Academic journal article Journal of Electronic Commerce Research

How Investors Value Industrial Policies for E-Business Firms in Emerging Markets

Academic journal article Journal of Electronic Commerce Research

How Investors Value Industrial Policies for E-Business Firms in Emerging Markets

Article excerpt

(ProQuest: ... denotes formulae omitted.)

1. Introduction

E-business plays an important role in the new economy [Jorgenson 2001]. With the corresponding creation of new industries, numerous firms have been introduced to the various world exchanges. Many new firms have become large enough to be listed on the S&P 500 and the Dow Jones Industrial Index [Singh et al. 2005]. E-business relies heavily on new products and technology, so the costs of research and development (R&D) can be substantial; furthermore, success based on such expenditures is far from certain [Srinivasan et al. 2009]. Investors who are motivated by cash flow expectations-in particular, the prospects of accelerating future cash flows and reducing associated risks [Srivastava, Shervani, and Fahey 1998]-must consider both the (expected) benefits and the downsides (technology complexity and benefit uncertainty). Therefore, e-business firms would be better off not only pursuing the traditional objective of increasing market share or corporate growth but also maximizing shareholder wealth within the overall framework of a country's industrial policy [Singh 1999, 2000]. Moreover, understanding the financial market response to e-business industrial policies is important because a firm's financial health is not only the ultimate measure for the success or failure of any strategic initiatives [Luo and Bhattacharya 2006] but also one of the most important measures of public policy effectiveness [Schwert 1981].

E-business in developed countries is growing continuously and it has grown in emerging markets as well. For example, as the Chinese government presented in its "Decision of the State Council on Accelerating the Fostering and Development of Strategic Emerging Industries," e-business is one of the most important industries in China because of its contribution to the national economy [Chao et al 2012]. E-business firms are growing rapidly in China's capital market; their average rate of growth in terms of total stock market value is over 100% per year [ 2012]. However, emerging markets have certain characteristics that create a distinctive environment for e-businesses. First, the "visible hand" of the government is more powerful in emerging economies than in mature markets. In mature markets such as the U.S., the stock market and the venture capital market provide firms with cheaper external sources [Allen, Chui, and Maddaloni 2004]. In emerging markets, however, these high-growth and high-risk e-business firms are supported financially or non-financially by governments. For example, the Korean government has encouraged firms to introduce new products and industrial processes through an active and interventionist industrial policy [Singh 1998]. Further, the government of Israel has encouraged technological development through the creation of infrastructure and physical facilities for prospective entrepreneurs [United Nations 1999]. Finally, the Indian government has nurtured the growth, development, and maturing of industry through a variety of channels including financial resources, tools, professional guidance, and administrative assistance [Singh et al. 2005].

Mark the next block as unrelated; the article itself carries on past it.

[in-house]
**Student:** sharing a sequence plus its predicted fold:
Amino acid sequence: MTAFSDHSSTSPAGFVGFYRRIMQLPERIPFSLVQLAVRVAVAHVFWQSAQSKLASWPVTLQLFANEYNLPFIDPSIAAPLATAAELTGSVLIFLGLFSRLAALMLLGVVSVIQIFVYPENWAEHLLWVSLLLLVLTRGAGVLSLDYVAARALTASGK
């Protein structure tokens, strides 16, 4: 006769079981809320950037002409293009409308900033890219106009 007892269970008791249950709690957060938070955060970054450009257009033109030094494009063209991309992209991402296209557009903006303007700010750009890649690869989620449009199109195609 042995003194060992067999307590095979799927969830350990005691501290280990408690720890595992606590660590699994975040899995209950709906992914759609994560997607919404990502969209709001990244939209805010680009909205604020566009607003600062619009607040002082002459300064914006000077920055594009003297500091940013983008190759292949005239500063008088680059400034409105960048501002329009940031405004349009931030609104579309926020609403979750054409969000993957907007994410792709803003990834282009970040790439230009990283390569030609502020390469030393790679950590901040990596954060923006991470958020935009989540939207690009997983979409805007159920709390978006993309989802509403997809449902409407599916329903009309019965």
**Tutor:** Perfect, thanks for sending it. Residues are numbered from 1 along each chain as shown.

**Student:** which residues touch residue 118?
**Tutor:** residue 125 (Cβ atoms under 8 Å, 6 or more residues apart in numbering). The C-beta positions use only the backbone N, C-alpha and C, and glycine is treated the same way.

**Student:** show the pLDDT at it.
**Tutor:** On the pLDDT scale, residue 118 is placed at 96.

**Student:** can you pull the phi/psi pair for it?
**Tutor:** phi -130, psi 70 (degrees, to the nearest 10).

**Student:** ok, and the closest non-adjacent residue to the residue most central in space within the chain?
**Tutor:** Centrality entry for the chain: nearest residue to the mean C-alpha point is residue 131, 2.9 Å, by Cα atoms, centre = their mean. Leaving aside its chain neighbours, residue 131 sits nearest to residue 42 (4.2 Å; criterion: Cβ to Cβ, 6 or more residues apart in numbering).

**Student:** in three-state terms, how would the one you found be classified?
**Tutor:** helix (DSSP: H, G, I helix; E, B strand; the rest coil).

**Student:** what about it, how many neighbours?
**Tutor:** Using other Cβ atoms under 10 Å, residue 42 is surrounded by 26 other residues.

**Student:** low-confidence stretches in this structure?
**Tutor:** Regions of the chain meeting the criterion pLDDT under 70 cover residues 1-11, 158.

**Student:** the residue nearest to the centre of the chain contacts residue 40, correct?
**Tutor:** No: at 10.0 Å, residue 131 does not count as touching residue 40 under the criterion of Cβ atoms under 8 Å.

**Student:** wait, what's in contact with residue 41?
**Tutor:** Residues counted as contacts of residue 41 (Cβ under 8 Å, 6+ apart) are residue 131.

Second, unlike mature stock markets in developed countries, emerging stock markets are under-regulated and deficient in gathering information and disseminating it to private or public organizations [Singh 1998]. Investors in these markets are still not mature enough to make investment decisions based on complete evaluations of firms.

In emerging markets, e-business industries operate in immature environments with insufficient infrastructure, low acceptance of IT technology, and lack of trained manpower [Summers 1998; Gupta et al. 2010]. Therefore, firms operating in emerging markets face more uncertainty regarding future profits and market value than similar businesses in developed countries.

Despite the above, emerging markets have become increasingly more important in the global economy in recent decades. …

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